On 13 February 2019, the FCA published a speech by Julia Hogett (JH) (Director of Market Oversight at the FCA) on the implementation of the Market Abuse Regulation (MAR).

Highlights of the speech include the following:

  • compliance with MAR requires a whole series of situational judgements to be made;
  • a regulatory system that relies on controls that work by detecting when an event has happened, will never be as effective as a system that also helps ensure that misconduct does not happen in the first place. Whilst it is important that both regulators and participants have controls to detect suspicious behaviour, it is critical that consideration is given as to how the market from such is protected from behaviour occurring in the first place;
  • firms need effective risk assessments and must consider for themselves the manner in which their systems and controls evolve as the risks within their businesses evolve;
  • control of information leaving a firm is as important as control of information moving within a firm;
  • firms need to take responsibility to ensure staff understand the consequences of unlawful behaviour and must be vigilant to ensure it is not happening within their walls. Greater awareness of the risks of market abuse is needed;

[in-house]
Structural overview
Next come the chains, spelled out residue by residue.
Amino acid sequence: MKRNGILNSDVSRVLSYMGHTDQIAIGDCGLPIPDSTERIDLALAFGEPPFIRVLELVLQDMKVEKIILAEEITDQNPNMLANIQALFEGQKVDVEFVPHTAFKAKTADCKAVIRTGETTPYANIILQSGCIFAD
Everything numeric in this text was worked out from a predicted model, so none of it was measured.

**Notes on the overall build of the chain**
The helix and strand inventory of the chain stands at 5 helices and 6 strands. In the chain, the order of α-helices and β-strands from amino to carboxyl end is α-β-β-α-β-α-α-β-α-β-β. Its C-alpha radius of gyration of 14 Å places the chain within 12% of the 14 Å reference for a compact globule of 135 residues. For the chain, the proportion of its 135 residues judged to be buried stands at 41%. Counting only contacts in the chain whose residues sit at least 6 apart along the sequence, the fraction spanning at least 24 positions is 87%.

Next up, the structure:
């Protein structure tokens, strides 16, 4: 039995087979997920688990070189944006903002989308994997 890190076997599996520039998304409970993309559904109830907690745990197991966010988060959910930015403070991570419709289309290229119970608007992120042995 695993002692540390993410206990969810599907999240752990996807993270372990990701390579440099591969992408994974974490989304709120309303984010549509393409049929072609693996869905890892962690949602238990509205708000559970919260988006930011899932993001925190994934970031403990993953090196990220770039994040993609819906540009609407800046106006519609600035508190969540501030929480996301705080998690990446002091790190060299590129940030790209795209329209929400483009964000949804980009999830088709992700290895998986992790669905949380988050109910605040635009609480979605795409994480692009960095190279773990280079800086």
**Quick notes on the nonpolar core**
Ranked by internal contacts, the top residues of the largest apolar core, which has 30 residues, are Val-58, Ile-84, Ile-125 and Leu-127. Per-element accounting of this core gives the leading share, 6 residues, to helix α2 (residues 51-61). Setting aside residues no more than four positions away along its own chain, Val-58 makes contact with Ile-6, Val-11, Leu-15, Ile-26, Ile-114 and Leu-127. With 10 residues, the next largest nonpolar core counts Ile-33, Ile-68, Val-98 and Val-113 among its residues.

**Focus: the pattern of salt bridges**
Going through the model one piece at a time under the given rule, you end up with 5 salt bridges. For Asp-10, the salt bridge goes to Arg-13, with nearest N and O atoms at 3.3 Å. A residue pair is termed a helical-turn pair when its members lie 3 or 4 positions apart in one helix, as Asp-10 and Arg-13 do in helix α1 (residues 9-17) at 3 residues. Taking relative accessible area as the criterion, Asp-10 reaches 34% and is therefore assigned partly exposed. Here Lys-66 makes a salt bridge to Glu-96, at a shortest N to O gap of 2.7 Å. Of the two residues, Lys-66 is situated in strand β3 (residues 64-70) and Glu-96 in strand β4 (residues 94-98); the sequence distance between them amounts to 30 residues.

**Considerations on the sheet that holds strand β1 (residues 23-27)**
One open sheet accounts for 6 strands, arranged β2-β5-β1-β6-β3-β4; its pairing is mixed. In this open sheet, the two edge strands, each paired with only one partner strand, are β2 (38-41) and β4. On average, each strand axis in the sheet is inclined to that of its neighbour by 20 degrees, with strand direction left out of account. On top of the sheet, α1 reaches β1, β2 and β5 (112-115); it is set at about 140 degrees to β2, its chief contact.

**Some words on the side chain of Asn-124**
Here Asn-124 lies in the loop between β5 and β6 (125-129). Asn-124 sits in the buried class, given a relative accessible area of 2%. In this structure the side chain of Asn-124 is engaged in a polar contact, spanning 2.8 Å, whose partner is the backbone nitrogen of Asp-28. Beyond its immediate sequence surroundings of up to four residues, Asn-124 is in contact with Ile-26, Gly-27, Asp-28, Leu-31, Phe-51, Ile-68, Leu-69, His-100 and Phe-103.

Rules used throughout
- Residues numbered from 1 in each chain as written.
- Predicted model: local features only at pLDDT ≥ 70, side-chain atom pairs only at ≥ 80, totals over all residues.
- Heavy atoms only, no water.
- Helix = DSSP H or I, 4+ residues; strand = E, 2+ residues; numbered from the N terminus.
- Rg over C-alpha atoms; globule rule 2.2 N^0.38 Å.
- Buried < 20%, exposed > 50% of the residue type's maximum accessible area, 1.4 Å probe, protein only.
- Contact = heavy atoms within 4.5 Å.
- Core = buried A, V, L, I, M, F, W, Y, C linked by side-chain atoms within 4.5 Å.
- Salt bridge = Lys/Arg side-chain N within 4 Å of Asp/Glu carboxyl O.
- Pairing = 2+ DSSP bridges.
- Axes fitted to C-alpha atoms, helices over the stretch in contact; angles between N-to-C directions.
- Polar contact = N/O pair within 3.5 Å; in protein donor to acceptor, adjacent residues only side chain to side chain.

• access controls, surveillance capabilities and general mind set in investment banking and advisory platforms is not yet as evolved as it should be; and
  • there is still more for the industry to do to improve its capacity to surveil for market manipulation.

To help frame the content of her speech, JH touches on the FCA’s 5 Conduct Questions approach. The approach serves as a conduct risk mitigation framework that is increasingly used across FCA Wholesale Supervision and which helps regulated firms enhance the manner in which they conduct business. The first three of the 5 Conduct Questions focus on the identification of conduct risk; ensuing that staff within regulated firms feel and are responsible for managing the conduct of their business; and the nature of the support (including systems and controls) that firms put in place to improve the conduct of their business.  Question 4 of the Conduct Questions asks how the board gains oversight of the conduct of business within their organisation and how it considers the implications of the strategic decisions that it makes. Question 5 of the Conduct Questions asks whether the firm has assessed whether there are any other activities it undertakes which could undermine strategies to improve conduct.